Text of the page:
It's one of my personal favorite topics when it comes to the Fortean field of cryptids: Alien Big Cats.
What is an alien big cat? It's not a little green kitty from another planet with an underactive thyroid and a penchant for cow meat. It's an out-of-place feline, sighted in areas where it just can't be.
I first began reading about ABCs back in the late 1990s. As I looked into the very interesting sighting of large felines slinking around the UK, I was surprised to learn this was no Sasquatch search, but rather a series of very credible sightings--and even some trophies.
In 1903, a Canadian Lynx was actually shot in Devon, and is even now part of the collection of the Bristol Museum
In 1980, a puma was captured in Scotland by farmer Ted Noble following several years of sightings.
In 1989, 1991, and 1994, alien non-indigenous cats were confirmed (the animals' bodies found after death) in Shropshire, Norfolk and the Isle of Wight.
Larger, black cats were photographed and capture on video throughout the 1990s, including the Beast of Bodmin and the Fen Tiger (Cambridgeshire).
Things took a decidedly darker turn when in 2000, when an 11-year-old boy in Monmouthshire was attacked by a reported large black cat that left him with five long claw marks across his left cheek.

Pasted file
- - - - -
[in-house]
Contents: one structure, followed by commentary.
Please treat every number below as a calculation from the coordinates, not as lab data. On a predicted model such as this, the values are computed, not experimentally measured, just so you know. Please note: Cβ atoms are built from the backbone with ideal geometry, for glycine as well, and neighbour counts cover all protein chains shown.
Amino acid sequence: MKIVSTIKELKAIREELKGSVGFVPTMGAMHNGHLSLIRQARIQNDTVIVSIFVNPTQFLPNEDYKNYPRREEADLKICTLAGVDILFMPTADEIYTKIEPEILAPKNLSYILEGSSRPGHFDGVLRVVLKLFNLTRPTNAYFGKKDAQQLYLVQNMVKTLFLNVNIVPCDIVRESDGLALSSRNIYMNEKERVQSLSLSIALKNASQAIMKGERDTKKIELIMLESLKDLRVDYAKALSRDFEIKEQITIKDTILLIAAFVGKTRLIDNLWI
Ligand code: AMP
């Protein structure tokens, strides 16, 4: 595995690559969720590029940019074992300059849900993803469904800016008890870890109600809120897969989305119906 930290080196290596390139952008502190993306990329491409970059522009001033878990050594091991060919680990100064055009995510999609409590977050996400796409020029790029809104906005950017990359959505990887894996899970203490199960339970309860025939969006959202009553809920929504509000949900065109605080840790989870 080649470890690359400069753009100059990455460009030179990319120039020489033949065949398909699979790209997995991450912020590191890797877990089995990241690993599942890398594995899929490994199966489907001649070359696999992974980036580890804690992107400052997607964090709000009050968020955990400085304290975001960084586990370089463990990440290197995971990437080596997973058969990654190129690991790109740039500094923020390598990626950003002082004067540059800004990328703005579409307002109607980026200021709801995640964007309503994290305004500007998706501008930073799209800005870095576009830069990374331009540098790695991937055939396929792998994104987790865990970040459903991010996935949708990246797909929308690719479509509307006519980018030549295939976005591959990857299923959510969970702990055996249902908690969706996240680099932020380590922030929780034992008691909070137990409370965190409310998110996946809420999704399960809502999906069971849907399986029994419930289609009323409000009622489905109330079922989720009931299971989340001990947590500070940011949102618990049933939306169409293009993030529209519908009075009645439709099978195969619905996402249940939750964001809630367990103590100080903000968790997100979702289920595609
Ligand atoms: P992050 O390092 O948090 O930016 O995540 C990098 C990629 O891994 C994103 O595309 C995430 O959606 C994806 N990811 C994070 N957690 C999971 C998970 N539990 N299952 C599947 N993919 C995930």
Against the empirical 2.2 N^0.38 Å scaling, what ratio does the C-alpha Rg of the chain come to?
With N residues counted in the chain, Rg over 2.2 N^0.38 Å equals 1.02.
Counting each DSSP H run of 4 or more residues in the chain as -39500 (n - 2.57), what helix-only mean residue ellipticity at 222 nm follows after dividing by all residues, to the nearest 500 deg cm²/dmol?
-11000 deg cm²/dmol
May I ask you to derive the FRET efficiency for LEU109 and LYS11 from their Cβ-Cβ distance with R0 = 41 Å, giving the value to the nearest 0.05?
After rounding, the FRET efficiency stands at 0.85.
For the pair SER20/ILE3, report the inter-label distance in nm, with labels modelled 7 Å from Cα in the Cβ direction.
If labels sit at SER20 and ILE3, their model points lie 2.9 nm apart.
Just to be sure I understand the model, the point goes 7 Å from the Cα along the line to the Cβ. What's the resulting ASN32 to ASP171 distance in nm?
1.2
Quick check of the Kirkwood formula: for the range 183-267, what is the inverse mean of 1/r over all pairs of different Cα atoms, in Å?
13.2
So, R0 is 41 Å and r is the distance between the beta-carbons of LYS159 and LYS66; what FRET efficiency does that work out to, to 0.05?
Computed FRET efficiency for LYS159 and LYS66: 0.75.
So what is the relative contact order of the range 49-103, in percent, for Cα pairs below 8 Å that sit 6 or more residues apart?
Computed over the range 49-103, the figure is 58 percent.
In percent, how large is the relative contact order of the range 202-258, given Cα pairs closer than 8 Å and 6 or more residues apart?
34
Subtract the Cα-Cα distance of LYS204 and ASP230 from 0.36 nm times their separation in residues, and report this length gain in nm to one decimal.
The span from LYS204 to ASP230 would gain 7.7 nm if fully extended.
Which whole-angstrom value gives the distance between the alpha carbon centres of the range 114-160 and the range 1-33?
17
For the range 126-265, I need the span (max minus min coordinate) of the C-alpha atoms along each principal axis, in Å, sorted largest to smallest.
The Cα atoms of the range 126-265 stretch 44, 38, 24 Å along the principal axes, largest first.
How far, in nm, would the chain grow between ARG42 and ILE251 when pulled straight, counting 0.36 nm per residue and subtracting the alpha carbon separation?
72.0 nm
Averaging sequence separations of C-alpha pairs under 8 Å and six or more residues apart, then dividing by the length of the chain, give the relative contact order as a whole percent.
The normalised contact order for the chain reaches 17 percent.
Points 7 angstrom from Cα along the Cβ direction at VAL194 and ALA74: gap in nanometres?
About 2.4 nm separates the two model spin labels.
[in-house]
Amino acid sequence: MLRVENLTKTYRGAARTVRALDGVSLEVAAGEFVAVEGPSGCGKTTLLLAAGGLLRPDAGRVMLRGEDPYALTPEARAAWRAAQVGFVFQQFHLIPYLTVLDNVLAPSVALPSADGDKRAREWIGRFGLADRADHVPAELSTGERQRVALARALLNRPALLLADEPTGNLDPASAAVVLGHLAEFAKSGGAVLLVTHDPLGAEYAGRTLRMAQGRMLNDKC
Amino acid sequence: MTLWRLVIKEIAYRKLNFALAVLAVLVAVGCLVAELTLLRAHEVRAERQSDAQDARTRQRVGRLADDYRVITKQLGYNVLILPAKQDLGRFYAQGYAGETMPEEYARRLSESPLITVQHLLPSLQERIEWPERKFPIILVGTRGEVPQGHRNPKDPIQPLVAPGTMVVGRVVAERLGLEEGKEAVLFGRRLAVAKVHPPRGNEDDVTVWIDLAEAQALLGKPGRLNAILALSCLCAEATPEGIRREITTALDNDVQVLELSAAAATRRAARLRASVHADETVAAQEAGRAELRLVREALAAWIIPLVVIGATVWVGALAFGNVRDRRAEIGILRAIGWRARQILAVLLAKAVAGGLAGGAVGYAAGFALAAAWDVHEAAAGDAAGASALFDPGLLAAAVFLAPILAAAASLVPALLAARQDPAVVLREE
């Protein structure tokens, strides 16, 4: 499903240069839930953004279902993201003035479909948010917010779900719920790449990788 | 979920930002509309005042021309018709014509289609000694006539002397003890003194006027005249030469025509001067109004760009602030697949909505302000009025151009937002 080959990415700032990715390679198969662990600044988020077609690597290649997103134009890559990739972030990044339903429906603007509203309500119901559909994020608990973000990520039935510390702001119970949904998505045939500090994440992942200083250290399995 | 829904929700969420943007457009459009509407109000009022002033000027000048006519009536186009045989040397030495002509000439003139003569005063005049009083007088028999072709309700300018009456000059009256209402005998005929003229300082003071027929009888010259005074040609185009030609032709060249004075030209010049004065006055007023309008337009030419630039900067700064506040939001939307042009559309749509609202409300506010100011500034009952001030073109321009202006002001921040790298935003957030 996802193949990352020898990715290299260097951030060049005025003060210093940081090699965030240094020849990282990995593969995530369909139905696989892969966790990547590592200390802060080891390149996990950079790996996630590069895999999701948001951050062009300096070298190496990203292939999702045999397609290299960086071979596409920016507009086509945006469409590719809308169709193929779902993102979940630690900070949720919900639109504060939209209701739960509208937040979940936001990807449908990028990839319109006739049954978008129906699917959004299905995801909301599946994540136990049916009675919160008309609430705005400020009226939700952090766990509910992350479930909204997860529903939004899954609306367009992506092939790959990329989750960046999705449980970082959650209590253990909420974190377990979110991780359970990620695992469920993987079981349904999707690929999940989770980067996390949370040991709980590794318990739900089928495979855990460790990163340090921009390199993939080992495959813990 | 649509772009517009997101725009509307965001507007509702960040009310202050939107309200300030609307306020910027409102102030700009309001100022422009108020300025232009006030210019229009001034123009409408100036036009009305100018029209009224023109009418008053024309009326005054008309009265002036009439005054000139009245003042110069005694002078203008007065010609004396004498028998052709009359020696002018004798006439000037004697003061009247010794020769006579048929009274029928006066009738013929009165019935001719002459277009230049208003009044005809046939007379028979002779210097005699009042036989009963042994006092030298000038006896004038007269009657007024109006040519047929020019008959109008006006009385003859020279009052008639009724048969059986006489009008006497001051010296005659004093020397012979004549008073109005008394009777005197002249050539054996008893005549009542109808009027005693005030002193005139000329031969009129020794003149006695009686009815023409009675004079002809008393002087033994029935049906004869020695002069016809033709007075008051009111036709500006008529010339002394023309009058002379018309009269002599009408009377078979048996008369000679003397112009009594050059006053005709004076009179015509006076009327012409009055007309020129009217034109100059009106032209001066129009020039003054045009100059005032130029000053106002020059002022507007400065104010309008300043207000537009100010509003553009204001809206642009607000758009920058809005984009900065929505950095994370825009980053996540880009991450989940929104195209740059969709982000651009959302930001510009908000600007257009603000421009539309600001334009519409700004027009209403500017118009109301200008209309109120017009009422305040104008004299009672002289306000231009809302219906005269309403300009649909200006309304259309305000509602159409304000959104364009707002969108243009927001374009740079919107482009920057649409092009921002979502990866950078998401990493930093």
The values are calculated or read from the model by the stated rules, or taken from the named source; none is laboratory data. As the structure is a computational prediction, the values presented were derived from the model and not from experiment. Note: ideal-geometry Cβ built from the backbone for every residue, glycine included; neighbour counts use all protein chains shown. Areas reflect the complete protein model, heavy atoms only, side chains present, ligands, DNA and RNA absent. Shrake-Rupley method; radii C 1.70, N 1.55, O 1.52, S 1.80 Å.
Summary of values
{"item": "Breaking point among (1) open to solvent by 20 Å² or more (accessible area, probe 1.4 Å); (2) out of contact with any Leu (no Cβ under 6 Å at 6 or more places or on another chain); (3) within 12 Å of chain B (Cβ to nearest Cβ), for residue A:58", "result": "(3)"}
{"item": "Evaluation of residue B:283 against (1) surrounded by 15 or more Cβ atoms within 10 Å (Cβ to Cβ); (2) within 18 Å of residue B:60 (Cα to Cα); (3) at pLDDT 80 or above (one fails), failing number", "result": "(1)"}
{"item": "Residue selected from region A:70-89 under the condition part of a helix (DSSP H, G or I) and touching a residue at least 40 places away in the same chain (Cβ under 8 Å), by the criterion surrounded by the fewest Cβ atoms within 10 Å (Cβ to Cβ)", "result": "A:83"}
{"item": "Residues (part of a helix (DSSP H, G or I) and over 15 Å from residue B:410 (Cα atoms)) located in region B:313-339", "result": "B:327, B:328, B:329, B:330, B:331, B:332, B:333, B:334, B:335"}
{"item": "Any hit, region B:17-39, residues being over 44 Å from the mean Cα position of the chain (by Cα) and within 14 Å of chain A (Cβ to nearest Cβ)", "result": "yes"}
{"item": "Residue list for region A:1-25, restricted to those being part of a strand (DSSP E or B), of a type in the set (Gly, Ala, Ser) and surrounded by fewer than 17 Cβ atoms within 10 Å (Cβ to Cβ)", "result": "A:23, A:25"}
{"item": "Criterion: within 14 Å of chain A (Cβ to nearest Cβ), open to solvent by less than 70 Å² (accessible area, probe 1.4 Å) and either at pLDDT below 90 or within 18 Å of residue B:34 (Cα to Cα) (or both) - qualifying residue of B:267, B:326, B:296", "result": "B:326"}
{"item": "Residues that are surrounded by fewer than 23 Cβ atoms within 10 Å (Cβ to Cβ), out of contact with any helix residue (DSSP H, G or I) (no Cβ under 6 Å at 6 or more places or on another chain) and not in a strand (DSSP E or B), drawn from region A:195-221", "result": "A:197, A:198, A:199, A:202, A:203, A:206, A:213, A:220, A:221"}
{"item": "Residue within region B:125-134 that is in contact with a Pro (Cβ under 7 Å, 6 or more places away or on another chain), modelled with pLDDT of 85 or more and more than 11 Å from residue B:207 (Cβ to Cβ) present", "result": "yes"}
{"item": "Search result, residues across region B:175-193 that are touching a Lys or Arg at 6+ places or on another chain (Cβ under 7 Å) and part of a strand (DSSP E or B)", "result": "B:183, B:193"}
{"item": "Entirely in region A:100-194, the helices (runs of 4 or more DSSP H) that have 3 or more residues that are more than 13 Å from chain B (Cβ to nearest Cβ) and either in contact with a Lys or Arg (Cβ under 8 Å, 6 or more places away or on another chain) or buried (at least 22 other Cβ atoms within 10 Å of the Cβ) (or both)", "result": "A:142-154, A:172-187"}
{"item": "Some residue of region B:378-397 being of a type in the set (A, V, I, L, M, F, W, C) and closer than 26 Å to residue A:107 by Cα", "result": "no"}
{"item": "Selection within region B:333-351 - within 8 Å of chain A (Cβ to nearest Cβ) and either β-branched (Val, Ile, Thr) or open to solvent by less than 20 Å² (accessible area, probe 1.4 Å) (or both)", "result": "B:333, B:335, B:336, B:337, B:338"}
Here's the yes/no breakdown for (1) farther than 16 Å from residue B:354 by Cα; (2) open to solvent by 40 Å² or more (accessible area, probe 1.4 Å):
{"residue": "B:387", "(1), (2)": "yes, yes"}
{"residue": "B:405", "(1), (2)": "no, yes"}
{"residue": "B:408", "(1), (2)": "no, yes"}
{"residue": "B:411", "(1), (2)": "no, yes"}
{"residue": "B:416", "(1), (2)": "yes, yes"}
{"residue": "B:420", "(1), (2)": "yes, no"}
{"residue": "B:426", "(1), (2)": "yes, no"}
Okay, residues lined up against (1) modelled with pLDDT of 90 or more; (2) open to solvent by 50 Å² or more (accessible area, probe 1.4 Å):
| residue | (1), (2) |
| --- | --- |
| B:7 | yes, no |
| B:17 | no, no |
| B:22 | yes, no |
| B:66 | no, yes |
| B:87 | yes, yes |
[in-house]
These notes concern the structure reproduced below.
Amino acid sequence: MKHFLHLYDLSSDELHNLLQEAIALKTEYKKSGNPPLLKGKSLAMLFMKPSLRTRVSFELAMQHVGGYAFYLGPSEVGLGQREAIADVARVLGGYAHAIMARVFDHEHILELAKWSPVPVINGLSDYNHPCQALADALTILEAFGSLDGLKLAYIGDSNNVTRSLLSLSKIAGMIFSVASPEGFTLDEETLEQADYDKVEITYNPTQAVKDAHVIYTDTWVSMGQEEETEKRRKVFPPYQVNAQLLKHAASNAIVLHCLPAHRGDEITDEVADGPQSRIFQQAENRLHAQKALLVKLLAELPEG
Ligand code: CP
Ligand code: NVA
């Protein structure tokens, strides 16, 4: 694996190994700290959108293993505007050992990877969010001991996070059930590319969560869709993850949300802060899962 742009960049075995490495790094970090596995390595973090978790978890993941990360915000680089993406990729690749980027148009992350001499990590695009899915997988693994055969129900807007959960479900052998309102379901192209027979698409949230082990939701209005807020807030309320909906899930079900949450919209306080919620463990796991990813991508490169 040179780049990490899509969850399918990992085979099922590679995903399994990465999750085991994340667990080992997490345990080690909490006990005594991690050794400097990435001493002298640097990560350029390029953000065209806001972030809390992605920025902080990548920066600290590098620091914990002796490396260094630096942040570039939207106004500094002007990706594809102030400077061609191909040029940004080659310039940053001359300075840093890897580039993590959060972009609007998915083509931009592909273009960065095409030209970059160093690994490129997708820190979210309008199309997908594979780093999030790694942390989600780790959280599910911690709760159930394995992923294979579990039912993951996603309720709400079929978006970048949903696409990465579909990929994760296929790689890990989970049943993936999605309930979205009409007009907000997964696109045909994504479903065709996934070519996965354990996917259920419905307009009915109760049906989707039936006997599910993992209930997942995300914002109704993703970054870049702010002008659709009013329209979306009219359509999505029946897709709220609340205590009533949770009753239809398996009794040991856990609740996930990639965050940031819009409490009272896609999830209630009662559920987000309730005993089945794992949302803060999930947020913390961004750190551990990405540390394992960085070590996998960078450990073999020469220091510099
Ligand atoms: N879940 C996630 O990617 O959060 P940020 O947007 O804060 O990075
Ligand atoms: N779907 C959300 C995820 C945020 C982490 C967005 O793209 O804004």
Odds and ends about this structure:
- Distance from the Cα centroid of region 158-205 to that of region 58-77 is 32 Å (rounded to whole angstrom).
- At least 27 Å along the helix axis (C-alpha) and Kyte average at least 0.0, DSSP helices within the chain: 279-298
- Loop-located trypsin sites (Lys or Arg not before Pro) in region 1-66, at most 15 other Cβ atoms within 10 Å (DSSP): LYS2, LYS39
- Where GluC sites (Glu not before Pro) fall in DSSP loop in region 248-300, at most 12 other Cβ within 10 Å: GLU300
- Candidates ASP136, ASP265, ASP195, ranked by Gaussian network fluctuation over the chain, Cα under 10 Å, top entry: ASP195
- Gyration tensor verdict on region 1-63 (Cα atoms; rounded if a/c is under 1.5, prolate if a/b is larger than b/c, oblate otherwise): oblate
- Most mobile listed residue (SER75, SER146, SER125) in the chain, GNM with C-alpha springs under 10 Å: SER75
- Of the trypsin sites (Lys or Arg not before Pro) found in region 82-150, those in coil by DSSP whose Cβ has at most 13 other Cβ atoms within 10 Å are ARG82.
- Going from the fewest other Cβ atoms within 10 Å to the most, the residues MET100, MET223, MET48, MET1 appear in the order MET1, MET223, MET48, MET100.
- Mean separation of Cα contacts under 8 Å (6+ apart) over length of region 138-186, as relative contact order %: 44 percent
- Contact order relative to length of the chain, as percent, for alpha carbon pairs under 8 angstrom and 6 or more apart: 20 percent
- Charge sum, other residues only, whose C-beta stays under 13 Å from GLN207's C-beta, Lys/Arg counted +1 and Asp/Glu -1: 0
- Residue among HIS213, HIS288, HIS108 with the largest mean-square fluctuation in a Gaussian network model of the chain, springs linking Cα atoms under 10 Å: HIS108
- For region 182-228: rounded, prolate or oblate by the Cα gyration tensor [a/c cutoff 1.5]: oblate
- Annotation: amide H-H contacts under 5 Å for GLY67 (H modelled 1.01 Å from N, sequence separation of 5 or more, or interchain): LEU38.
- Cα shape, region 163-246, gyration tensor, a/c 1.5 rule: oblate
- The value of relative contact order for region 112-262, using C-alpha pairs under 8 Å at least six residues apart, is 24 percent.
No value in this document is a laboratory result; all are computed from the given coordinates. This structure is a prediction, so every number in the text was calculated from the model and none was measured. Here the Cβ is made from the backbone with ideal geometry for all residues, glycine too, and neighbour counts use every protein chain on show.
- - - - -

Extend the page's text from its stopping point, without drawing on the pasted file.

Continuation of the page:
In 2005, a South-east Londoner was attacked outside his home, leaving him with scratches all over his body.
These and many other reports show that England does indeed have Alien Big Cats--and unlike Bigfoot, they're dangerous.
So what exactly is going on?
Unlike the modern mythological Black Dog, ABCs may have a much more plausible explanation, and it involves the Dangerous and Wild Animals Act of 1976. In a nutshell, it became illegal to own bobcats, caracals, cheetahs, jaguars, leopards, lions, lynxs, ocelots, pumas, servals, tigers without special licensing. The theory has been put forward that people owning these cats may have simply released them into the wild, where they could have mated and thrived, creating a small population of alien big cats that have become more and more common in news reports from around the country.
But before you breathe a sigh of relief that only our friends in the UK need worry, keep in mind that phantom cats have been seen around the world, including Australia and the United States.